Indiana University Health said Monday that the cost of its new downtown hospital complex will now exceed $4 billion, a 60% increase from previous estimates, reflecting higher construction costs and a significant increase in the number of patient rooms is due.
The new estimated price of $4.29 billion would likely make it one of the most expensive capital projects in Indiana’s recent history, in the same league as such large projects as the BP refinery expansion in northwest Indiana and the new Duke Energy Corp’s Edwardsport Power Plant in Southwest Indiana.
The health system said it plans to increase the number of private patient rooms in the new hospital by 29% to 864 from a previously planned 672. The three patient towers will have 16 stories, the top tier of the city-approved plan design.
“IU Health’s Board of Directors believes that the increased capacity is necessary to meet projected inpatient needs, including for a growing caseload of sicker patients,” the Indianapolis-based health system said in a written statement. “The COVID-19 pandemic has also demonstrated how much the state relies on IU Health, Indiana’s largest hospital system, to provide the acute care capacity to respond to major medical emergencies.”
IU Health’s announcement ends months of speculation about the downtown hospital project since the health system last summer reassessed the size, cost and schedule of the medical campus, a project that has been in the works for seven years.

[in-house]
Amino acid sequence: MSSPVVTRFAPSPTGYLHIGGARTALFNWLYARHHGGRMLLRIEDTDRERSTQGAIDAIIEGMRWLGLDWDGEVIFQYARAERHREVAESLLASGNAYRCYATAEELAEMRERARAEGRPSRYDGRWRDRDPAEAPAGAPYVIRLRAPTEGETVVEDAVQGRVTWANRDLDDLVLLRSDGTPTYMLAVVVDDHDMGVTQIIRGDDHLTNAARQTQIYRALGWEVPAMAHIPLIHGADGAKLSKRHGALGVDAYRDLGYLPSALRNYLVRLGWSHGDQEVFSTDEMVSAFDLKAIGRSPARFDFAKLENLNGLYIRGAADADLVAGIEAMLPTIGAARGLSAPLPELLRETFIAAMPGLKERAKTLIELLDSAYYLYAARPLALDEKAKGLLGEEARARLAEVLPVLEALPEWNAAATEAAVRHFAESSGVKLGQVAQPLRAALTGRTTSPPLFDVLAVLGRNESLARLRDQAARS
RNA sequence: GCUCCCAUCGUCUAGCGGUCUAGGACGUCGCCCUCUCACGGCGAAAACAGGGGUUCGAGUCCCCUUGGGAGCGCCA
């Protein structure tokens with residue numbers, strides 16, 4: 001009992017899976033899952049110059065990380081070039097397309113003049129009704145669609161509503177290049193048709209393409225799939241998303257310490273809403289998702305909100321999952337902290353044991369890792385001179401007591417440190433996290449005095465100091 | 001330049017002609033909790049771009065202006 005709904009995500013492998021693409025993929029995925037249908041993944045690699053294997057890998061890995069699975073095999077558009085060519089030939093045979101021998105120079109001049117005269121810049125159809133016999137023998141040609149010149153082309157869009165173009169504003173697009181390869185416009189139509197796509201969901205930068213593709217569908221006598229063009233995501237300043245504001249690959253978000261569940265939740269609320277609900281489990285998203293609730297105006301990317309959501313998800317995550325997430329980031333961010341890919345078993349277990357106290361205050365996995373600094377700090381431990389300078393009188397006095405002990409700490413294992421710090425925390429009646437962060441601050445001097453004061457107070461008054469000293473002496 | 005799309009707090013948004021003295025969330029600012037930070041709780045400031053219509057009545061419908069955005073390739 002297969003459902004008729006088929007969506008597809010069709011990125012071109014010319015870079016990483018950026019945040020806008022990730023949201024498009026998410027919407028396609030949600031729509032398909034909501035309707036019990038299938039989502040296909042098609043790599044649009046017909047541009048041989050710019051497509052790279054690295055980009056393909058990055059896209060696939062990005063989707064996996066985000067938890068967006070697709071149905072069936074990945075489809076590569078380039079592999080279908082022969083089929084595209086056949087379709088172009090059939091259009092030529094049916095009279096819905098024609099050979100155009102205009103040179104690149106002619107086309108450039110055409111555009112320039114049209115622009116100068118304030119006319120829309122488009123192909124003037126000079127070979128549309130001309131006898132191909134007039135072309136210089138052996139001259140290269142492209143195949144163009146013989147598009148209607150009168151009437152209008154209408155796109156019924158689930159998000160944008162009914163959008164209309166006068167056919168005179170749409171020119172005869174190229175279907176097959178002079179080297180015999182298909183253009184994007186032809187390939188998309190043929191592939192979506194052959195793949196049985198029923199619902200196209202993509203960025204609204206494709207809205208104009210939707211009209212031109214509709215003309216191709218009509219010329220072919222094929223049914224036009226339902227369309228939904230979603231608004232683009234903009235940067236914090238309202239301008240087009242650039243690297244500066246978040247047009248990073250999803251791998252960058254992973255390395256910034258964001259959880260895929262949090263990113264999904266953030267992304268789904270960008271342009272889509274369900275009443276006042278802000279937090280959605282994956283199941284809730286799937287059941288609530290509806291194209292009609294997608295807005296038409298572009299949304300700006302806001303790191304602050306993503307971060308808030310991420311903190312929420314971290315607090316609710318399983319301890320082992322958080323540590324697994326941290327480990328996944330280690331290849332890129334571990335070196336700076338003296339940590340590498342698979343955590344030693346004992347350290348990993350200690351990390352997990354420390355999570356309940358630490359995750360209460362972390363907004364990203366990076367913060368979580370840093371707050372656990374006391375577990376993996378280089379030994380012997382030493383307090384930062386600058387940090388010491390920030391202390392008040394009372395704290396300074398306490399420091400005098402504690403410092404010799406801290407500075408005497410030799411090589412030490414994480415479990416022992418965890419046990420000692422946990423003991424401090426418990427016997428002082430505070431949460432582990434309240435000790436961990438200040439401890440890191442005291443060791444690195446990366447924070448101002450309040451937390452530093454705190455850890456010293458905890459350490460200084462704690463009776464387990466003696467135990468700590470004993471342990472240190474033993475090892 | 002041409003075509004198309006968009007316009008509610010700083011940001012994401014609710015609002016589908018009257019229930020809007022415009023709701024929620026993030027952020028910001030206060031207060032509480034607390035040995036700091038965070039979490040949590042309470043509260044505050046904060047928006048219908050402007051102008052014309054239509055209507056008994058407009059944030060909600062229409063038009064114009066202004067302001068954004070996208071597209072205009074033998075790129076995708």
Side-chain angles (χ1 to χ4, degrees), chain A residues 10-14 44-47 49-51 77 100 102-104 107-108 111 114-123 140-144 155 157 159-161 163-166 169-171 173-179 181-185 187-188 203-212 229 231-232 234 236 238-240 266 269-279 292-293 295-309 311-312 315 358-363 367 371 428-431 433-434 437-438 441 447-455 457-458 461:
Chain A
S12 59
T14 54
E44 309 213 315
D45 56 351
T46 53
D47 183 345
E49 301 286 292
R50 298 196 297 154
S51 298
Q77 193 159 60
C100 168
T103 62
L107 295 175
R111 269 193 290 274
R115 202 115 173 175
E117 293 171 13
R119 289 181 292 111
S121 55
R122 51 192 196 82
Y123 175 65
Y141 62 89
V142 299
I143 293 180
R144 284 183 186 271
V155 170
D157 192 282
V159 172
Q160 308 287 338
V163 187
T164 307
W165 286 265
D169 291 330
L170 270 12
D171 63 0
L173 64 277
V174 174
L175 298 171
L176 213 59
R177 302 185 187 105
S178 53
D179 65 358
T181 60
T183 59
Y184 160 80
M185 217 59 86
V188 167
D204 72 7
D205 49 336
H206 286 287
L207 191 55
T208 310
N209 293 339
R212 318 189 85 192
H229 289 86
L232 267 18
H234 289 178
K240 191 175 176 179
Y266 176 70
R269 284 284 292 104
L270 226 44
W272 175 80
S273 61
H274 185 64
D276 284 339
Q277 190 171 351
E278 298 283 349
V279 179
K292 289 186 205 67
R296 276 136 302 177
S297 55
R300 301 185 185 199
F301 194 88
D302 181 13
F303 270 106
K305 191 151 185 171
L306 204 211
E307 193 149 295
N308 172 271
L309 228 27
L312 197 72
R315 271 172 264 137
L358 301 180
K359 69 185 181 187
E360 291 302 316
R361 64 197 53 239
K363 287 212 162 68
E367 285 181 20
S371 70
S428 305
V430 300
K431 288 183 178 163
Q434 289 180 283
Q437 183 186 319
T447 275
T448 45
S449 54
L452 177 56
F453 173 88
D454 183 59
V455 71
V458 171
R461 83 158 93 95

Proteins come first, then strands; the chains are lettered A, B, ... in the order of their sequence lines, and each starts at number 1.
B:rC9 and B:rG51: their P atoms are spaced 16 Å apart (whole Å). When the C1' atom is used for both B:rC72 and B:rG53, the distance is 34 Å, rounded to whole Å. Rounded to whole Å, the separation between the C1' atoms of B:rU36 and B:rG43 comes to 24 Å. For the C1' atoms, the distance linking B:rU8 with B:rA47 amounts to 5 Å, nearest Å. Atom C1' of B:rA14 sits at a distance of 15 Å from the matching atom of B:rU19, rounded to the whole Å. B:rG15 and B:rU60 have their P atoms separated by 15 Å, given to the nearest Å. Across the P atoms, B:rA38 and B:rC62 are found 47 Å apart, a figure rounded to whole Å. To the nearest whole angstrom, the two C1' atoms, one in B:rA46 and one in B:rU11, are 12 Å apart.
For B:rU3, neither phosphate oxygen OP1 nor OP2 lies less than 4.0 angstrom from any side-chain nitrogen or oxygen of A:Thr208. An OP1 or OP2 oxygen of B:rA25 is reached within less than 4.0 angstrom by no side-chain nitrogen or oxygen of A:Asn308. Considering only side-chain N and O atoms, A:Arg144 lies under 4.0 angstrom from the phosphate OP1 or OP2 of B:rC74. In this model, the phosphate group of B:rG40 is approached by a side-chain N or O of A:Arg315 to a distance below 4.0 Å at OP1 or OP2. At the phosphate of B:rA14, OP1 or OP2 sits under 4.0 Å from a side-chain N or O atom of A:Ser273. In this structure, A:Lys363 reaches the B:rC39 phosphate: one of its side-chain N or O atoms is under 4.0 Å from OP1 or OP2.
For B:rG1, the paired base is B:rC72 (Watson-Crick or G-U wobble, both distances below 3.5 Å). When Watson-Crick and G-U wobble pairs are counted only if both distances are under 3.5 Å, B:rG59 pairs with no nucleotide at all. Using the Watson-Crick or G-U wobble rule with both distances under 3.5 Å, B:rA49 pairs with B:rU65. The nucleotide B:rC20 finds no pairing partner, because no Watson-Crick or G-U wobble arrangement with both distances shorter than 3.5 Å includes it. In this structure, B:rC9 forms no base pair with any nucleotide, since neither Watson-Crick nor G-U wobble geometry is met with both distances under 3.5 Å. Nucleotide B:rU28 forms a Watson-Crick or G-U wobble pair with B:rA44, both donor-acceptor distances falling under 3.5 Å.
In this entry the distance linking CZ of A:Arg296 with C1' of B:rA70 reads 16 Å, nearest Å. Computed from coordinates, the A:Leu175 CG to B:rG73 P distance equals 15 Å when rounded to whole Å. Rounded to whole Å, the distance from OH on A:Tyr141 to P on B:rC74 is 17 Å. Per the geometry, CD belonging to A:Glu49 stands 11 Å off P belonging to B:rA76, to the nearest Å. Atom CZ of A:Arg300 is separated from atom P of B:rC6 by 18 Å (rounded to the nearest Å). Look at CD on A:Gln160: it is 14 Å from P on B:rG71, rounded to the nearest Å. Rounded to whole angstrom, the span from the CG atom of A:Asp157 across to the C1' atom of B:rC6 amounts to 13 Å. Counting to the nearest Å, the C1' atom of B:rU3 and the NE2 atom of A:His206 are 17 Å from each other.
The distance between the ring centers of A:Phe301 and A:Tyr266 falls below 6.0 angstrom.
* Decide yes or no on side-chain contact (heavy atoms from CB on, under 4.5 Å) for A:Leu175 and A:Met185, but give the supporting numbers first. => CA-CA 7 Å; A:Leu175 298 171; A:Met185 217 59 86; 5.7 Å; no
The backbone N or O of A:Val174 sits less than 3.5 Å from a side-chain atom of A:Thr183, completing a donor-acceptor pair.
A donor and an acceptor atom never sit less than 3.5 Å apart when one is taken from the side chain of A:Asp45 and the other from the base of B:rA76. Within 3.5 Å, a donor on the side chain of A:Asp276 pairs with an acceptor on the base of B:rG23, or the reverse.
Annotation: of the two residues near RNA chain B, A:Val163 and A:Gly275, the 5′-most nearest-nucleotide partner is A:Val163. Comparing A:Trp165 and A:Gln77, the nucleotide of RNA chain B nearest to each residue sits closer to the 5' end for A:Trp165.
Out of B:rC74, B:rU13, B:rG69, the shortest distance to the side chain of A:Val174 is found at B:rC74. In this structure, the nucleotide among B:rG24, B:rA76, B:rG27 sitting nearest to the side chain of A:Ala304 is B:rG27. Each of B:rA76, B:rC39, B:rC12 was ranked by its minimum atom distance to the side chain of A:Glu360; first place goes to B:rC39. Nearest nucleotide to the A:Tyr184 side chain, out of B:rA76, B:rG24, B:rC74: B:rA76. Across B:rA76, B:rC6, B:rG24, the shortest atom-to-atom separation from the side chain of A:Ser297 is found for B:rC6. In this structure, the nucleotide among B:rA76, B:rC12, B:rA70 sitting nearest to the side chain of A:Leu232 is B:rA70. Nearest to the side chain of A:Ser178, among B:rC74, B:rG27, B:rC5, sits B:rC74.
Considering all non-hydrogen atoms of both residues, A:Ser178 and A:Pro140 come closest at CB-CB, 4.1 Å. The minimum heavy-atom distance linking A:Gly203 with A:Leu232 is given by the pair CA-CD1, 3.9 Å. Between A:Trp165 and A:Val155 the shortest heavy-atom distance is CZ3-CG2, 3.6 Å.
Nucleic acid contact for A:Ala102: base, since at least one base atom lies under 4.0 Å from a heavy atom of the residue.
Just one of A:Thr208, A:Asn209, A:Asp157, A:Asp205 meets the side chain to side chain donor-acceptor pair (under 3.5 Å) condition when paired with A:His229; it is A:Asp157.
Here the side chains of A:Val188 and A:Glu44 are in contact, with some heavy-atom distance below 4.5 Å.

The new hospital complex, which has been under construction for more than a year, will be located on 44 acres south of the health system’s century-old Methodist Hospital near 16 and Capitol Avenueth Street.
The planned opening of the hospital has been pushed back to the fourth quarter of 2027, about a year after the previously announced opening date of December 2026.
“The new date reflects the longer timeline needed to construct the larger building amid a skills shortage,” IU Health’s statement said.
The new hospital will consolidate much of the existing Methodist Hospital and University Hospital located approximately 1.5 miles southwest on the IUPUI campus. The eight-block expansion will expand IU Health’s presence from 16th South Street to 12th Street and from Capitol Avenue West to Interstate 65.
The complex will include a utility facility, a medical office building and an annex building with parking, loading docks and retail space.
It will also house the classrooms of Indiana University School of Medicine, which will be relocated from the IUPUI campus in a separate project costing $230 million.
Just last year, IU Health estimated the cost of the project at $2.68 billion, including $1.6 billion for the new hospital and $1.08 billion for supporting buildings and infrastructure.
The new price tag reflects higher construction costs and the scale of the project. IU Health now estimates the cost of the hospital at $2.31 billion and the supporting buildings and infrastructure at $1.08 billion.
The new cost estimate does not include the cost of demolishing or renovating any portion of Methodist Hospital. The hospital is a hodgepodge of buildings and wings sewn together over the decades, with mismatched floor panels, uneven ceilings, and a conglomerate of electrical, mechanical, and plumbing systems.
The total cost of the new hospital complex, which has yet to be named, exceeds several other recent major projects in Indiana. The expansion of BP’s Northwest Indiana refinery cost about $4.2 billion. Duke Energy’s massive power plant in Edwardsport cost more than $3.3 billion.
IU Health said that despite the higher price, the new hospital will save $50 million annually in operating costs by consolidating two large acute care hospitals and eliminating duplication of work across many services.
The architect for the hospital is Indianapolis-based Curis Design, a collaboration of BSA Life Structures, RATIO Design and CSO Architects. HOK acts as executive architect.
The construction manager is a joint venture between local companies Wilhelm Construction and Gilbane Building Co. of Providence, Rhode Island.